So the phone call is the most basic. It’s super easy to do. You usually dial into a conference line, so you can have up to six or eight people sometimes on this conference line. This can get challenging in terms of hearing direction and someone goes, “Does anyone have anything else to say?” And like eight people will start talking at once. So the pros are it’s easy. The cons are that it’s quite low quality. It’s quite difficult for the client to hear sort of what is actually going on. There’s no way they’re going to be able to record you at the other end to actually do the recording there.

    Toby Ricketts:
    So you have to record on your side. That’s the key thing with these low technologies is that you record on your end and then your voice is just there for them to make sure all the words are the right way. So a phone and Skype, I kind of put on the same level. Skype is a bit better. You’ve got a bit of FaceTime. You’ve got the slightly better audio quality, but as everyone knows with Skype, there’s delays and there’s bits where people freeze and get dropouts and all kinds of things.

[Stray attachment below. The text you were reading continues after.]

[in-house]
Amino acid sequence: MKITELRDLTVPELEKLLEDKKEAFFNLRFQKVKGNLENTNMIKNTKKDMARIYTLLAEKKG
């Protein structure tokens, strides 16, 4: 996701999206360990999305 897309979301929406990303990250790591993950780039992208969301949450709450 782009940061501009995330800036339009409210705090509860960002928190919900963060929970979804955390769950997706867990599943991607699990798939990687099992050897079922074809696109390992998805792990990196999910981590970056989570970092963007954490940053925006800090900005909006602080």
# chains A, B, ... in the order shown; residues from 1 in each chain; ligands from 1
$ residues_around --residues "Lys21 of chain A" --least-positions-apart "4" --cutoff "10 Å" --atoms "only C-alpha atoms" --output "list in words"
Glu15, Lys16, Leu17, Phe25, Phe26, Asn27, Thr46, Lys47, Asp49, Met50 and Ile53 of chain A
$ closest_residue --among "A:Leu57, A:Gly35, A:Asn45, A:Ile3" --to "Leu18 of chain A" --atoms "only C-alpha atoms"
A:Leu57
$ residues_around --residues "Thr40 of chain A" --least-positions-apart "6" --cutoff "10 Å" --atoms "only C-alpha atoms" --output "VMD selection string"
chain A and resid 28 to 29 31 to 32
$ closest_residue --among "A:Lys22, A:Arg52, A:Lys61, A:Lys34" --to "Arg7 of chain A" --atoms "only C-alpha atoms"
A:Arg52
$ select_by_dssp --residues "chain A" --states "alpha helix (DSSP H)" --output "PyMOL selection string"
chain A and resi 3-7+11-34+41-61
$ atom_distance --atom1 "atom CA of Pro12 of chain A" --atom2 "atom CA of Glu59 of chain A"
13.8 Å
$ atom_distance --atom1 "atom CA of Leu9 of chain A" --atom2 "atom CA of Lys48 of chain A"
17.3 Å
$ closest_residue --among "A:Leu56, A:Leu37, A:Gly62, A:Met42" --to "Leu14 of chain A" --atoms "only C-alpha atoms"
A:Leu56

Toby Ricketts:
    So quite often in the Skype sessions, you’ll have the client saying, “Oh, you just missed a word in there,” and you’ll be like, “Well, I didn’t. It was just dropping out.” So there’s this thing of… It’s a bit of a disconnect, the time shifted, which you don’t get with phone actually. So phone is good in that regard. So we’ll move up the layer to Zoom. I put Zoom above Skype. There are fewer dropouts. The latency is a bit better.

    Toby Ricketts:
    Again, it’s super easy to use. It’s a little bit harder I suppose that people have been more familiar with Skype on the phone. So Skype, you do have to download an app but once you get into it, it’s actually very easy. It’s like I said it’s better quality and has fewer dropouts.

    Toby Ricketts:
    Next, we get into a whole new tier of products, which came along with the Chrome browser made an interesting extension to their product where they they incorporated all these communication tools. And quite a few people hopped onto this and started making live broadcast quality voice apps. One of these is called Source Connect Now. Now, it’s not to be confused with Source Connect Standard which has been a professional tool for a number of years. Over 10 years, I think.